In the wake of rave reviews for issue #2 of The Many Deaths Of Laila Starr, I thought I’d take a closer look at the incident that kick starts the entire series from issue #1. There will be spoilers, so if you want to go into the series blind, turn away now.
For what it’s worth, the first issue of The Many Deaths Of Laila Starr gets a lot of love and it’s easy to see why. Ram V writes a Sandman-influenced story that’s easy to digest, and Filipe Andrade’s work looks unreal. (Meant as a compliment.) I think it’s the coloring from Andrade and Inês Amaro, but that’s neither here nor there.
I will spoil the first issue of The Many Deaths of Laila Starr. Notwithstanding what’s below, with just one issue, I think The Many Deaths Of Laila Starr is one of my favorite comics from Boom. BUT. The comic pivots on a moment that raised an eyebrow. If you don’t want to be spoiled for what Rich called Ram V’s “star turn”, close the window now.
The set up is that humanity will discover immortality, and Death is fired. She goes to Mumbai as a human with the goal of killing the person who will discover immortality. Reborn in the corpse of Laila Starr, Death achieves her goal, and clutches the newborn who will discover immortality in her hands.
I don’t believe that Death would hesitate. At the risk of understatement, pregnancies are difficult life-changing events even with the best medical care in the world. Newborns die all the time, for any number of reasons. And I’m supposed to believe Death, who previously was a constant visitor to every hospital in the world, who killed newborns “with names” before, now stopped? Because the newborn “had a name”? Or that each new life birthed into the world has a “moment of grace”?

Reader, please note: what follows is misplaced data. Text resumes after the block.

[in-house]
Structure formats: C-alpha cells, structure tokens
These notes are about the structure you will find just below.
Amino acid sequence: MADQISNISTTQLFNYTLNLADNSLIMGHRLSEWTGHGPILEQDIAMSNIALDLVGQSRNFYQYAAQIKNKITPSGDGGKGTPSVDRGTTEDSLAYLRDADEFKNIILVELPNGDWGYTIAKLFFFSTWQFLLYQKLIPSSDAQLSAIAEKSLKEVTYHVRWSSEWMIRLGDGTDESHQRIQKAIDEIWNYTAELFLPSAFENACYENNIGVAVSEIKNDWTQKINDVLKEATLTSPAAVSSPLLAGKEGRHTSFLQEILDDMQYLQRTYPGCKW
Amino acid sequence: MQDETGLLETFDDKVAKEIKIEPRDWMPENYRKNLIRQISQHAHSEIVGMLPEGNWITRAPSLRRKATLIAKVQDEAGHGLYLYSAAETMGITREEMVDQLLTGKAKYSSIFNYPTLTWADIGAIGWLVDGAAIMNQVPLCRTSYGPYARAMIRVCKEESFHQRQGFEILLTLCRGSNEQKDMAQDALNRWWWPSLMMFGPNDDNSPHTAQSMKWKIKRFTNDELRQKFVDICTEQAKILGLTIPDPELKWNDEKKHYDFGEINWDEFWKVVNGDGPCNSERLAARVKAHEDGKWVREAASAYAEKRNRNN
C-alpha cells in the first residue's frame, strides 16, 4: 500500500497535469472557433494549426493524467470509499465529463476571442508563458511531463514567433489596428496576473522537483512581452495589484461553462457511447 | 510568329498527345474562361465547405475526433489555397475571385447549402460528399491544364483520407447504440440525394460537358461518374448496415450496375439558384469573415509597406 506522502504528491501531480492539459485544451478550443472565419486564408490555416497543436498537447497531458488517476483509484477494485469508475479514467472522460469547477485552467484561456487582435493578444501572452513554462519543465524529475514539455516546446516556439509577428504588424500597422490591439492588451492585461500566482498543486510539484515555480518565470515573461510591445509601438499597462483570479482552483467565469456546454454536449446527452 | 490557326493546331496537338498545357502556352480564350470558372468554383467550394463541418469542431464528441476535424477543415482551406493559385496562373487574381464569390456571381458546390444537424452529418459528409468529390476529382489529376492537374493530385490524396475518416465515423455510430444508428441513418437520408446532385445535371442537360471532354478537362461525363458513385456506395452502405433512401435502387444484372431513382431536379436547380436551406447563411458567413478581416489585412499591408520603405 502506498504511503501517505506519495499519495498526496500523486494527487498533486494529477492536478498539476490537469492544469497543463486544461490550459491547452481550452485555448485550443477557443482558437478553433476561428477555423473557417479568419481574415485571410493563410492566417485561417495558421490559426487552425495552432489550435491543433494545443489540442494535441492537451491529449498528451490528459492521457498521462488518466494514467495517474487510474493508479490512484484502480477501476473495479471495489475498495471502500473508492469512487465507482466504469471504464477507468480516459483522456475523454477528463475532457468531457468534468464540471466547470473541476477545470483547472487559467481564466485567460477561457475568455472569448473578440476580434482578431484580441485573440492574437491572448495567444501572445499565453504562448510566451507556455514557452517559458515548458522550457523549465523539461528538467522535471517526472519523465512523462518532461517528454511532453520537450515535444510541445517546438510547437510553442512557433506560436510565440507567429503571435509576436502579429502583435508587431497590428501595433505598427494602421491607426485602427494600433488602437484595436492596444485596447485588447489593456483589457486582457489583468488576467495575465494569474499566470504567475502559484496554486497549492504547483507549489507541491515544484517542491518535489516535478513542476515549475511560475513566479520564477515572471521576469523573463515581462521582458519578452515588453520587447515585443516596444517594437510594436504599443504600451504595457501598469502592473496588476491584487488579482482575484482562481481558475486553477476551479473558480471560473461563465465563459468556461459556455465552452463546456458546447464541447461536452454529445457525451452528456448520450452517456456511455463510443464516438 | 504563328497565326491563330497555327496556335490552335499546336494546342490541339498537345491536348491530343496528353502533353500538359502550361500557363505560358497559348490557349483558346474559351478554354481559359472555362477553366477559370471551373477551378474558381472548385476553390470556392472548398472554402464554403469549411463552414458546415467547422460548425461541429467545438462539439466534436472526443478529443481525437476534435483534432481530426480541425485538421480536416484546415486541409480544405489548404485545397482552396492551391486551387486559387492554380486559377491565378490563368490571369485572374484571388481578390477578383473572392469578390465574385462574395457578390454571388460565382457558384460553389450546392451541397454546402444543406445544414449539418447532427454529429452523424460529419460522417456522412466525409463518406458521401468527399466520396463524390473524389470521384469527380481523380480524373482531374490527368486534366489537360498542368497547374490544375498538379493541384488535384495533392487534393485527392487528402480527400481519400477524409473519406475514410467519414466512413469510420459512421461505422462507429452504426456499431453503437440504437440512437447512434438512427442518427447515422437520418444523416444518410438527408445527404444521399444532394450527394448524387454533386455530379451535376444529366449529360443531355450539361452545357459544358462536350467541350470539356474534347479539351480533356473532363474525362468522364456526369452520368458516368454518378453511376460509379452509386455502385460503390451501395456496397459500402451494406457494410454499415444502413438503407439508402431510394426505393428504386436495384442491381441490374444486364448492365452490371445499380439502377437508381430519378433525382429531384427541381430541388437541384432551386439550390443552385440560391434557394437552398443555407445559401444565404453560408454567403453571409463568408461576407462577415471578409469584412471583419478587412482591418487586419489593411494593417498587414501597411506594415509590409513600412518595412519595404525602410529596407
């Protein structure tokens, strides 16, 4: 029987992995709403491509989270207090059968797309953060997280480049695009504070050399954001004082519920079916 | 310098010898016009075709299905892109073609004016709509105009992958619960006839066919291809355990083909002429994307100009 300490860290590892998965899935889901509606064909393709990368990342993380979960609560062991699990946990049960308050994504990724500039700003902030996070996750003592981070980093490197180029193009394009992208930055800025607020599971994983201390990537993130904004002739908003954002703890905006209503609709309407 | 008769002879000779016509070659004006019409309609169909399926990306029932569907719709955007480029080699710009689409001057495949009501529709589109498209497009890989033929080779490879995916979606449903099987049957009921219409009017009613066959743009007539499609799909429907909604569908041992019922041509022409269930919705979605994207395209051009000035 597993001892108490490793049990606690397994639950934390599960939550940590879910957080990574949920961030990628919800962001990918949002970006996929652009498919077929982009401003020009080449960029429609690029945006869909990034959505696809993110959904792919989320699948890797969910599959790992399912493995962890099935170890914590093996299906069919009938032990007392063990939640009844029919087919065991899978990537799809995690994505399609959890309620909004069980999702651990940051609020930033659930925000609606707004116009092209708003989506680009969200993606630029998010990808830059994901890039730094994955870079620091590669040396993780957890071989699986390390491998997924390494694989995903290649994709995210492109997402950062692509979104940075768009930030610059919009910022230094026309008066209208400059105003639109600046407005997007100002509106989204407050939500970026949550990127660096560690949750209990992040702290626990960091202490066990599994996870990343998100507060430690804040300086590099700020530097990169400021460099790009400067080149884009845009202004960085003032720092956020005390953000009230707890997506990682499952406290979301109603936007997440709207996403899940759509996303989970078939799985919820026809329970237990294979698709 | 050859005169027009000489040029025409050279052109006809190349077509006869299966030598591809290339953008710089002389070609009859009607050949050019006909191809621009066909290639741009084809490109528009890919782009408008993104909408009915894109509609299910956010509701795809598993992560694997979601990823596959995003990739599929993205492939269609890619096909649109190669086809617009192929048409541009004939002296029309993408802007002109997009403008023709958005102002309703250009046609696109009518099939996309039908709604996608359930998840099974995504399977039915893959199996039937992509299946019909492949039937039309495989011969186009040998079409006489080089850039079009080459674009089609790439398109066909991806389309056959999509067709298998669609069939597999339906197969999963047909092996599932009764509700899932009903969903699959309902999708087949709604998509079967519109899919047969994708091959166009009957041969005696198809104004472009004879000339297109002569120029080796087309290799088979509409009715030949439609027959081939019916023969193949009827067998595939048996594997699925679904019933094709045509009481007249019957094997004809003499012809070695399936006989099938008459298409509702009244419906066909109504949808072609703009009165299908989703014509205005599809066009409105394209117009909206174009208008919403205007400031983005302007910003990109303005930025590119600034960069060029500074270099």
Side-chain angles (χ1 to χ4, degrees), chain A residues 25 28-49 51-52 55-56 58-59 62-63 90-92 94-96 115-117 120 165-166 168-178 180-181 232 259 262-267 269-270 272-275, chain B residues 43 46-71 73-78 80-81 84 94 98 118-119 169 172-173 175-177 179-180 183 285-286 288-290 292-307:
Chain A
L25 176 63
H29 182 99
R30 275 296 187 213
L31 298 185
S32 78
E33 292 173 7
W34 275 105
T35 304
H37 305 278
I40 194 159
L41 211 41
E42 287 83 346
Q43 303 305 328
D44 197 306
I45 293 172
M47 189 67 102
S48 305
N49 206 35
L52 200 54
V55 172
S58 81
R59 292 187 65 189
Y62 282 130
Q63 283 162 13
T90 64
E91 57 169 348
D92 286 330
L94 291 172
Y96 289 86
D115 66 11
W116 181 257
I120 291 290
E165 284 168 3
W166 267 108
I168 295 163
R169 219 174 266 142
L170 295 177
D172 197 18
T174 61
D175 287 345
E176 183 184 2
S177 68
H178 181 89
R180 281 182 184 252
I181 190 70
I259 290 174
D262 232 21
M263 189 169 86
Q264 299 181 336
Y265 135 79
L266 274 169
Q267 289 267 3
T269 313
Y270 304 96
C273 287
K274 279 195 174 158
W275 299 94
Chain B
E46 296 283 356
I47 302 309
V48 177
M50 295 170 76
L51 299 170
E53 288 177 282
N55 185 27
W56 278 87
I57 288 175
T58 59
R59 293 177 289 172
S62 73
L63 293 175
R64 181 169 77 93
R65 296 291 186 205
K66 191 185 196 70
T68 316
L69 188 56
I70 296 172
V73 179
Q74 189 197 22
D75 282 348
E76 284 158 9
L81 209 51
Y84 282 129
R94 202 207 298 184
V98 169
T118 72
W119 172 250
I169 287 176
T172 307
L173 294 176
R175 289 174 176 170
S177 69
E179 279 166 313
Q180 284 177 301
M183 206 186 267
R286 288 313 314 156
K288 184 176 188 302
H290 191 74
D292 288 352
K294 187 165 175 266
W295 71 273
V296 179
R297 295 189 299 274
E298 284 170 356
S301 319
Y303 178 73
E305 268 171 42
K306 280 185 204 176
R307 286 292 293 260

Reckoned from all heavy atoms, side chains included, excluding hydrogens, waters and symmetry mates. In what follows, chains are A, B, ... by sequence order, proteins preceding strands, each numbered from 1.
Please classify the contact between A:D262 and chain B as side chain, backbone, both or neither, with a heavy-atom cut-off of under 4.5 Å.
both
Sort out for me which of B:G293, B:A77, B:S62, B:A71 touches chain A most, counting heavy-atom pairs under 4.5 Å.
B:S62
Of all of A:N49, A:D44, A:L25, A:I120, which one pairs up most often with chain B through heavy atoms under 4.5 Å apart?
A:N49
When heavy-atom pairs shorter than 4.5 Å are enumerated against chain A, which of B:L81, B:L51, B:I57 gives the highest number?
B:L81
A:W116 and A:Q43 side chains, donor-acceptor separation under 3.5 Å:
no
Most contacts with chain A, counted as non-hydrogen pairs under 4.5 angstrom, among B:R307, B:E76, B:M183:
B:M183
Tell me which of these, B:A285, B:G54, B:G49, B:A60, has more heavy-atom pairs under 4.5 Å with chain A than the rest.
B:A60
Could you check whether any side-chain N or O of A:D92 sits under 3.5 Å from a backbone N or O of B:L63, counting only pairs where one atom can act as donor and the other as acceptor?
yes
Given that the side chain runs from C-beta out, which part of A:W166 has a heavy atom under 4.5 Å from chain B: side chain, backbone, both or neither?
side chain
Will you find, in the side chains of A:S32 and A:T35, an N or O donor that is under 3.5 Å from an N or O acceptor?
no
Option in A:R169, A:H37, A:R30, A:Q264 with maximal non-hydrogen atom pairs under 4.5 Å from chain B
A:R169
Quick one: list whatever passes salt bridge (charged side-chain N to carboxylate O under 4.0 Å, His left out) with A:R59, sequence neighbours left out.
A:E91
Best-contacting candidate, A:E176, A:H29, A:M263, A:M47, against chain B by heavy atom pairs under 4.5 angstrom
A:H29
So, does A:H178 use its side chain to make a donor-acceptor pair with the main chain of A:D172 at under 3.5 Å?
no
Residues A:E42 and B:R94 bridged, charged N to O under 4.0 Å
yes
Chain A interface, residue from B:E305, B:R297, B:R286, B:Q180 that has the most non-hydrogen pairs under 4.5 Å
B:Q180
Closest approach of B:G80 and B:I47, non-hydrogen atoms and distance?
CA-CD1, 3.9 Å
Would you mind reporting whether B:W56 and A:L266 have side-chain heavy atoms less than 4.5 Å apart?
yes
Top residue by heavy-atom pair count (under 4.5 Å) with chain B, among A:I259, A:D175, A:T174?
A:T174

I don’t believe it.
There are simply too many ordinary, sad reasons for a human life to be snuffed out just after birth that it’s difficult for me to believe Death stopped in this one instance because of the fact that the newborn had a name and other people wanted to see that newborn grow.
Those weak reasons haven’t stopped Death before.
The only words I feel comfortable putting in V’s mouth are that the story is partially about how being reduced to a human being changes Death’s perspective. Which, fair, but Death was reborn five pages ago. That’s not a lot of space to sell a major change in behavior that’s required for the series to go off, and more to the point, The Many Deaths Of Laila Starr doesn’t sell that change.
It’s fundamentally a “just go with me here” moment. Largely, I do go with the team here because V has a story to tell, and Andrade’s work here looks, to borrow a word, spectacular. It’s recognizable as Andrade and also better. It’s a cliché to say artists level up from project to project, but on The Many Deaths Of Laila Starr, Andrade really did.
It’s difficult to say how well The Many Deaths Of Laila Starr will do in the marketplace, but it’s certainly garnering critical acclaim quickly. Do you, like Rich, think The Many Deaths Of Laila Starr is V’s breakout series? Let me know in the comments.